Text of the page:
The movie that still leaves Psycho standing


Hell, not just Psycho. It’s better than The Innocents, The Evil Dead, Paranormal Activity and The House of the Devil. It’s even better than The Exorcist, Let the Right One In and The Others. Oh my God, The Others. The part at the end where Nicole Kidman and the children look out the window. Jeepers creepers! I could go on but thinking about these things is making my finger hit the wrong kets, sorry, keus, sorry, keys. And what about The Omen? Years since I saw it. It’s starting to come back to me now. Billie Whitelaw throwing whatshername out of the hospital window, Gregory Peck and David Warner digging down into that grave in the dead of night and the big black devil dogs coming at them to try and tear them apart, and then the three sixes on Damien’s scalp. Stop! That’s enough of that. Where was I? Yes, right, I was going to tell you about the daddy of them all, the biggest shocker in the history of movies. And to think I would probably never have seen it if I hadn’t been in danger of getting soaked to the skin.

I suppose I’d better begin at the beginning. It was about twenty past seven on 28th October 1962 when I got off the train at the old LMS railway station. I crossed the road to the bus stop and waited. A quarter of an hour later I was still waiting. So I started to pass the time by looking at the forthcoming attractions in the Midland Cinema behind me. Cat on a Hot Tin Roof, Saddle the Wind. And currently showing: Les Diaboliques (WITH SUBTITLES). That’s what it said. WITH SUBTITLES. This was a French film and they were showing it in Derry. In French.

I have to tell you about the Midland. The Midland Cinema was the oddest picture house I’d ever been in. It featured movies that were donkeys’ years old and newly released ones that no other picture-house in town would look at. I remembered going there to see Alias John Preston starring Christopher Lee, easily the worst experience I ever had in a cinema – apart, that is, from the time I was bitten on the tongue in the Midland by Mary Pat McGroin. That happened in the summer of 1961 during The Passion of Joan of Arc, made in 1948. Someone once told me that the Midland showed the first talkie, released in 1936. It was The Singing Fool starring Al Jolson. They didn’t show it until 1959 though.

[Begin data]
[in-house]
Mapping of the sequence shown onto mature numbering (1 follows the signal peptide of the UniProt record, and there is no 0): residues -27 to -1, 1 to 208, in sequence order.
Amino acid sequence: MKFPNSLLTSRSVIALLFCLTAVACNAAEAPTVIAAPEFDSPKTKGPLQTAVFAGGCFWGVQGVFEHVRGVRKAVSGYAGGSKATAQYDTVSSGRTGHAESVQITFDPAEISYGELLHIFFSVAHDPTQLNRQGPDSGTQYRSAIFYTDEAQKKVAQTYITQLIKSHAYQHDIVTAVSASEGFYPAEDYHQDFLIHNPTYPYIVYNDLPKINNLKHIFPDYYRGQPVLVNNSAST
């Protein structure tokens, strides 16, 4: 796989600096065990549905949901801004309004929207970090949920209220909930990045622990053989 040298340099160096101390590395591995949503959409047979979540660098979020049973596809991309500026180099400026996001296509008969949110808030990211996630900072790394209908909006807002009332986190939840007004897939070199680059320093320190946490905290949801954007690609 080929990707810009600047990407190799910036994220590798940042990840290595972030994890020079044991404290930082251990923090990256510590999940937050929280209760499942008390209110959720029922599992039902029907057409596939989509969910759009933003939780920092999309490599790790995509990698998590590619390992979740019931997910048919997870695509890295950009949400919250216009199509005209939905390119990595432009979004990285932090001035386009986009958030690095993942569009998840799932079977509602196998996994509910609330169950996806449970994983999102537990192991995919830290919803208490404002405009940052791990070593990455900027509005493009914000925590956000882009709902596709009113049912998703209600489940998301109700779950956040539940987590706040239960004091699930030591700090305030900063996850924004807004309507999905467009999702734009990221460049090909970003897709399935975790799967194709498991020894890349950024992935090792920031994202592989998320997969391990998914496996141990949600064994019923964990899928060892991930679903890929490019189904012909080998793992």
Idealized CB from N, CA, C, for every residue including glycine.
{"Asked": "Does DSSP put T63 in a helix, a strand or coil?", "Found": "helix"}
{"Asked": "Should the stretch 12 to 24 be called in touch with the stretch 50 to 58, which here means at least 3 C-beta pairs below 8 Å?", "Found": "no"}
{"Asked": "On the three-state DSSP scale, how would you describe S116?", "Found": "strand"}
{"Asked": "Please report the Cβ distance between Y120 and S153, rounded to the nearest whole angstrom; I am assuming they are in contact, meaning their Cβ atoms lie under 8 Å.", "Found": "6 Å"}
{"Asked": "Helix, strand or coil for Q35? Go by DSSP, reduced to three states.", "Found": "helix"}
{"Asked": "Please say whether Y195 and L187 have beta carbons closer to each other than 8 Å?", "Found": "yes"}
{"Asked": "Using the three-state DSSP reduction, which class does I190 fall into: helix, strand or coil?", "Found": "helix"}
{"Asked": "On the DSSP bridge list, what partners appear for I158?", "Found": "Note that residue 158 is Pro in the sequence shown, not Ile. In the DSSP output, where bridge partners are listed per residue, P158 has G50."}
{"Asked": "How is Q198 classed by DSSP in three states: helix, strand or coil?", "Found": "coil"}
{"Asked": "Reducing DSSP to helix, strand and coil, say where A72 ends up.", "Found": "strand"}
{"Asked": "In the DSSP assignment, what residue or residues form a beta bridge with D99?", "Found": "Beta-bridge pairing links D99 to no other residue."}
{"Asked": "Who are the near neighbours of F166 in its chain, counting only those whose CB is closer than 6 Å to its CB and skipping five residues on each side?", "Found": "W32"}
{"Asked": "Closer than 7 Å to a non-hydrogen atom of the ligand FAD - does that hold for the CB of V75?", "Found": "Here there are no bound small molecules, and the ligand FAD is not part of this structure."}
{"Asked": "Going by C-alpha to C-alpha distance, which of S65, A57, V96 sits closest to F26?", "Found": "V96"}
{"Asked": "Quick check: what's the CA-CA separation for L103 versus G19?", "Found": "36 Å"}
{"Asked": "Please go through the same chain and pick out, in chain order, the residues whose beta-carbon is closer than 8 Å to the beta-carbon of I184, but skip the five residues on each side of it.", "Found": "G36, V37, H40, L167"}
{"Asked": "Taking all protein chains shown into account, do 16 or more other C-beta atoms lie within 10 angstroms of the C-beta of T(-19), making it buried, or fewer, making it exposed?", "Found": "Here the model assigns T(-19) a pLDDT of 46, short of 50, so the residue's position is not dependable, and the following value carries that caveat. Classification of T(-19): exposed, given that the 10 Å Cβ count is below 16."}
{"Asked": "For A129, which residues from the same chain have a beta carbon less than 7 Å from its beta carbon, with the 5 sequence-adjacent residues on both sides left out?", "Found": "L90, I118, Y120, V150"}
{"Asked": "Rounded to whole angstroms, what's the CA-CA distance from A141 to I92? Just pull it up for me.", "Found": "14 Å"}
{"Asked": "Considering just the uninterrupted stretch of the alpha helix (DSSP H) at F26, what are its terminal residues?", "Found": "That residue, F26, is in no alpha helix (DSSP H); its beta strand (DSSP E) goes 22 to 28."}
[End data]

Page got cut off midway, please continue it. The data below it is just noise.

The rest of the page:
I peered up the street. No sign of a bus. Then the rain started to fall. Did I say rain? Bloody monsoon. No bus shelter. No overcoat. No umbrella. There was only one thing to do. I darted into the Midland.

“When does the picture start?” I asked the girl fixing her eyebrows in the box office.

“Just started there five minutes ago,” she drawled into the mirror.

“Many people inside?”

“Two. No, three.”

Sounded cosy. Atmospheric. I’d be out of the rain though. Pity I wasn’t much good at French and that my long distance glasses were sitting on the mantelpiece at home.

“I’ll try it,” I told her.

“Try what?”

“The picture. Les Diaboliques.”

“Lay what?”

“Les Diaboliques,” handing her the money.

“Oh. Right.”